Stablecoins, Mr Enria noted, may be seen as a form of private money as they share some similarities with bank demand deposits, but without the public safeguards, and are prone to runs. A US Report on Stablecoins recommended that they only be issued by depository institutions, although this has yet to be implemented. MiCA takes a similar approach by only allowing issuance by credit institutions or e-money institutions.

Initial authorisations of banks carrying out crypto business

The EU adopted a universal banking model to activities permitted under a banking licence, whereby, credit institutions are permitted to provide financial services over and beyond core banking services, excluding insurance services. Similarly, under MiCA, credit institutions do not need specific authorisation to issue tokens or provide crypto asset services, and are subject to sector specific supervision.

Mr Enria observed that an assessment of an application for initial authorisation of a credit institution whose business model has significant crypto-asset activities will have distinctive elements. Following experience gained in large part from German credit institutions, the ECB published supervisory criteria used for licencing banks engaging in crypto-asset activities.

Prudential regulation of linkages between the banking sector and crypto finance

Mr Enria noted that there are 2 elements to supervising these linkages – the liabilities side of banks' balance sheet; and the assets side of banks' balance sheets.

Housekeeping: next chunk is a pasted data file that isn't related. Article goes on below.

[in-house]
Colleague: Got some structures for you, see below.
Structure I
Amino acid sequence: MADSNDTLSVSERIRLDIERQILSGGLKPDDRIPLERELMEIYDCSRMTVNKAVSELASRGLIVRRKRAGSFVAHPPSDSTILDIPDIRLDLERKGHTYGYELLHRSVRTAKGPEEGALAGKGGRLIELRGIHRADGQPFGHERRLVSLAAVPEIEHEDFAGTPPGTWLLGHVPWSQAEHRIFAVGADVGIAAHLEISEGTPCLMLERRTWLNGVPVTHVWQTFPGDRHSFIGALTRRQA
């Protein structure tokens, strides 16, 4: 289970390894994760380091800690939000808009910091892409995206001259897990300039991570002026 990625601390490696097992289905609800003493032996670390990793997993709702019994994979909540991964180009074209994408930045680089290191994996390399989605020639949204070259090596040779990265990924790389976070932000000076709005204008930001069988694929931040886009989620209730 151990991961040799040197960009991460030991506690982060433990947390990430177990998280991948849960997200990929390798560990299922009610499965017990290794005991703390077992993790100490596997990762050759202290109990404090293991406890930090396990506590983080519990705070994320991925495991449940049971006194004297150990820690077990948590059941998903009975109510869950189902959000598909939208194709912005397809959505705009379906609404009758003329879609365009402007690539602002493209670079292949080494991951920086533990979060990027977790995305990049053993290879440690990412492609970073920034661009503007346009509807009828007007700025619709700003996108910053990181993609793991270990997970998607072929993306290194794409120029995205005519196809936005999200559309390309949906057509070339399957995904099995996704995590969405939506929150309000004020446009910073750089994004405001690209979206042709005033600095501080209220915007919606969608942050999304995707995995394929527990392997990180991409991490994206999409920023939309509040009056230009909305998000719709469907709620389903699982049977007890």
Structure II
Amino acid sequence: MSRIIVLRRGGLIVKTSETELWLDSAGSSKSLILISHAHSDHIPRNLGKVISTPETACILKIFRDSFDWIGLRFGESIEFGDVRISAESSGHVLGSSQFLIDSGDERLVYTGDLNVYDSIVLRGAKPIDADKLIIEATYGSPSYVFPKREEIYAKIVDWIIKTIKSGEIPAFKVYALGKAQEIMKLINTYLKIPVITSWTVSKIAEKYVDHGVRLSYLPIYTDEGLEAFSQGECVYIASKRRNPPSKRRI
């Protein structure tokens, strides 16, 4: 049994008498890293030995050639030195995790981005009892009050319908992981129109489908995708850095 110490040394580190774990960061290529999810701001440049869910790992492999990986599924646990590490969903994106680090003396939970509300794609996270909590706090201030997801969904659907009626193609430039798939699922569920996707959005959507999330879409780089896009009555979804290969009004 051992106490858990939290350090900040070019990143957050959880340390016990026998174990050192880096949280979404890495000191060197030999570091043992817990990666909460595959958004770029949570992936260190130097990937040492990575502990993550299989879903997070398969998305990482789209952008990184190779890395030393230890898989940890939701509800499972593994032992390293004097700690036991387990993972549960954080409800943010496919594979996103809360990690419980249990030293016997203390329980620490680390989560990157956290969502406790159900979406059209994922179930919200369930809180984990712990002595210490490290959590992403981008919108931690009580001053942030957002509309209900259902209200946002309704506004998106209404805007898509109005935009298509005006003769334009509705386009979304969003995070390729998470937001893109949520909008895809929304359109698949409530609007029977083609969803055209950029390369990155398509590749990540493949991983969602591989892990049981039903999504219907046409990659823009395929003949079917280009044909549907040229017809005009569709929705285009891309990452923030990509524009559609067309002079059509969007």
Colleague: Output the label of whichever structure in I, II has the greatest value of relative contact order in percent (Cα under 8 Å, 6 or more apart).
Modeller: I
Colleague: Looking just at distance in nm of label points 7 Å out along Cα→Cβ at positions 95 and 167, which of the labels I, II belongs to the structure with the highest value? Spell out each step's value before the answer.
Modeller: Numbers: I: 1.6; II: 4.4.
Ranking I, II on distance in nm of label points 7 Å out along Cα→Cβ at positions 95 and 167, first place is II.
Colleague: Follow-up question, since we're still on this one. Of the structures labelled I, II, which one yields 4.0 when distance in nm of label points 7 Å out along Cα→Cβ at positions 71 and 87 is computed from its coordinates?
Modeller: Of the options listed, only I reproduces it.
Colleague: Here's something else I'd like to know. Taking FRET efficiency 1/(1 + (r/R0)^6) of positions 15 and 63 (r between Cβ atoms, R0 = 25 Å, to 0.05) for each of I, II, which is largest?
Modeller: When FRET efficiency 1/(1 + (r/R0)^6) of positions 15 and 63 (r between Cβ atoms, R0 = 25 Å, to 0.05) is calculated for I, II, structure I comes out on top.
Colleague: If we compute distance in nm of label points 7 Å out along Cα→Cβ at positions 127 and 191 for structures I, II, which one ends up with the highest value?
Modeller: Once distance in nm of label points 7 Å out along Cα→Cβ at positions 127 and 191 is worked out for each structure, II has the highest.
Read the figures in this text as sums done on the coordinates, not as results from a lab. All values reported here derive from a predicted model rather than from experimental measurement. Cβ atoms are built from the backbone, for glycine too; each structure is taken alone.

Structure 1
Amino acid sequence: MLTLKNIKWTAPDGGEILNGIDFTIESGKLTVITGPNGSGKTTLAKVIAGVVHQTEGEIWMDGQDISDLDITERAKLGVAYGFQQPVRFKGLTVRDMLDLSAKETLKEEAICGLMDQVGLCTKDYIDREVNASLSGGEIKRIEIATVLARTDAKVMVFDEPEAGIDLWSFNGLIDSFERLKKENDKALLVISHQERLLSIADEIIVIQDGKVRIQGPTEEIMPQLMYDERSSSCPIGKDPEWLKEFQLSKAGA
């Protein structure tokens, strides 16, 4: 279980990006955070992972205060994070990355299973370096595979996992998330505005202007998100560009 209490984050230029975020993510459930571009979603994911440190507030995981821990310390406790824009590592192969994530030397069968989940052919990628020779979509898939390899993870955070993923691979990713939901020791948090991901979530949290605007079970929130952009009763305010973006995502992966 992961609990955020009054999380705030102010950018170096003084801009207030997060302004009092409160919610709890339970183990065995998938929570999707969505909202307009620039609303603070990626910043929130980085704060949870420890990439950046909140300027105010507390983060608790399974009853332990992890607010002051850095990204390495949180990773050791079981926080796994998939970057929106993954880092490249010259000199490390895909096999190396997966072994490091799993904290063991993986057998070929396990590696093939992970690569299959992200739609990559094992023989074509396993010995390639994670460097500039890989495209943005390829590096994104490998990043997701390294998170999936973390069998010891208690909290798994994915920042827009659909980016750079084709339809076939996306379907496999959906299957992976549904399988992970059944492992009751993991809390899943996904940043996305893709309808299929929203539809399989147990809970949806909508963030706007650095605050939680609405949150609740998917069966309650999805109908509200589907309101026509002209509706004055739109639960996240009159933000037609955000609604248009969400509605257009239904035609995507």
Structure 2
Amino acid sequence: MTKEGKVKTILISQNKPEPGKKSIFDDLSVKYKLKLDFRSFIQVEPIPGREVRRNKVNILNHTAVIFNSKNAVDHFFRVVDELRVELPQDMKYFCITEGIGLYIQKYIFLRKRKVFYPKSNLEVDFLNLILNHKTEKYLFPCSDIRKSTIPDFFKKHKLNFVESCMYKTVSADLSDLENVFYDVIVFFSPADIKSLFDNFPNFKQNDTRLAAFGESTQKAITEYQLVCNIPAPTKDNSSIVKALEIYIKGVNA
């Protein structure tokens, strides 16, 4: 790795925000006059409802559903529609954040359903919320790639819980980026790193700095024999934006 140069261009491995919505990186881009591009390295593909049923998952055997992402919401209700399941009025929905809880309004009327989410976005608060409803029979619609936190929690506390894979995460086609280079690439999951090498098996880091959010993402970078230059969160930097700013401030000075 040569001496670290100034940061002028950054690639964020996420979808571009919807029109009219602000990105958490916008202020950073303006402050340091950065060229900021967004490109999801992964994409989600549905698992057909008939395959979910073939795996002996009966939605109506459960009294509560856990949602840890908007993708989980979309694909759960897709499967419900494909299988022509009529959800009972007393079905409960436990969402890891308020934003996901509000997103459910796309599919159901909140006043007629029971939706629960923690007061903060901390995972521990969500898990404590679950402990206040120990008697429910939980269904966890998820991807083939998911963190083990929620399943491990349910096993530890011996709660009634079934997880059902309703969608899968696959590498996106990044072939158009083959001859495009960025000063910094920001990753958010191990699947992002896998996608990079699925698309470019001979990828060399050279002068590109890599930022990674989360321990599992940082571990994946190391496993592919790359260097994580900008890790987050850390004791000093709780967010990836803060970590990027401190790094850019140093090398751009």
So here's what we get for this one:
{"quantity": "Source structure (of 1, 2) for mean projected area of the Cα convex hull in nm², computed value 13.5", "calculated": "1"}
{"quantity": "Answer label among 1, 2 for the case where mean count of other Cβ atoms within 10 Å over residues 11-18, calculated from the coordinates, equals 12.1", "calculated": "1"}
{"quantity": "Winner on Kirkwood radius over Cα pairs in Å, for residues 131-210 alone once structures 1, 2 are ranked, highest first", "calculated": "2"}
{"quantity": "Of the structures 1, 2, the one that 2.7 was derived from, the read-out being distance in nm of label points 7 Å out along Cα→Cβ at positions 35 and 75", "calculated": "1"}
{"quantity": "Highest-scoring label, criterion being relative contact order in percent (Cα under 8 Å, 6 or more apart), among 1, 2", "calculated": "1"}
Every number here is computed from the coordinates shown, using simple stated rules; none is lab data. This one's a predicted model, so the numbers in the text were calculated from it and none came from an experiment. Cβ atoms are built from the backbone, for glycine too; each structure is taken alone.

In terms of liability, systemic risk arises from the high correlation between deposits held by various crypto companies at the same bank or different banks, and crypto asset issuers' deposits may show volatility leading to coordinated runs. In circumstances where such deposits account for a material share of the bank's funding, it may impair its resolution strategy of require extraordinary measures to prevent contagion.

MiCA requires that at least 60% of reserves for significant Asset-Reference Tokens to be held in bank deposits, which may result in unintended consequences from a financial stability perspective. Banks may specialise in banking with issuers of stablecoin, and it is imperative that they monitor the diversification of their deposit base in terms of individual counterparties and sectors, while also not relying on volatile deposits, beyond their risk tolerance level. It is vital that the relevant MiCA delegated technical standards include a 'prudential calibration of the single-name concentration limit and that issuers are required to define a credit risk tolerance level for their banking counterparties.'

In terms of assets, the treatment of a credit institution's direct exposures to credit and market risk is more familiar to supervisors, and the response has been to impose capital requirements and exposure limits. Mr Enria highlighted that the ECB expects the capital requirements set by the BCBS, although not due to be transposed until 1 January 2025, will be considered by banks in their business and capital planning. 

Mr Enria raised concerns over the possibility of circumvention of the regulatory framework, as if Crypto Asset Service Providers ("CASPs") controlled by banks are not within the scope of prudential consolidation, both the BCBS standard and exposure limits may be ineffective. He noted that it is difficult to include a subsidiary of a credit institution which is established as a CASP within the scope of prudential consolidation, because of the definition of financial institutions under the CRR. He emphasised that modifying the definition of financial institutions must be done urgently to include CASPs within the scope of prudential consolidation of banking groups.

3. EBA consults on Guidelines on complaints handling by credit servicers

On 9 November 2023, the European Banking Authority ("EBA") launched a public consultation on its draft Guidelines on complaints handling by credit servicers under the Credit Servicers Directive ("CSD").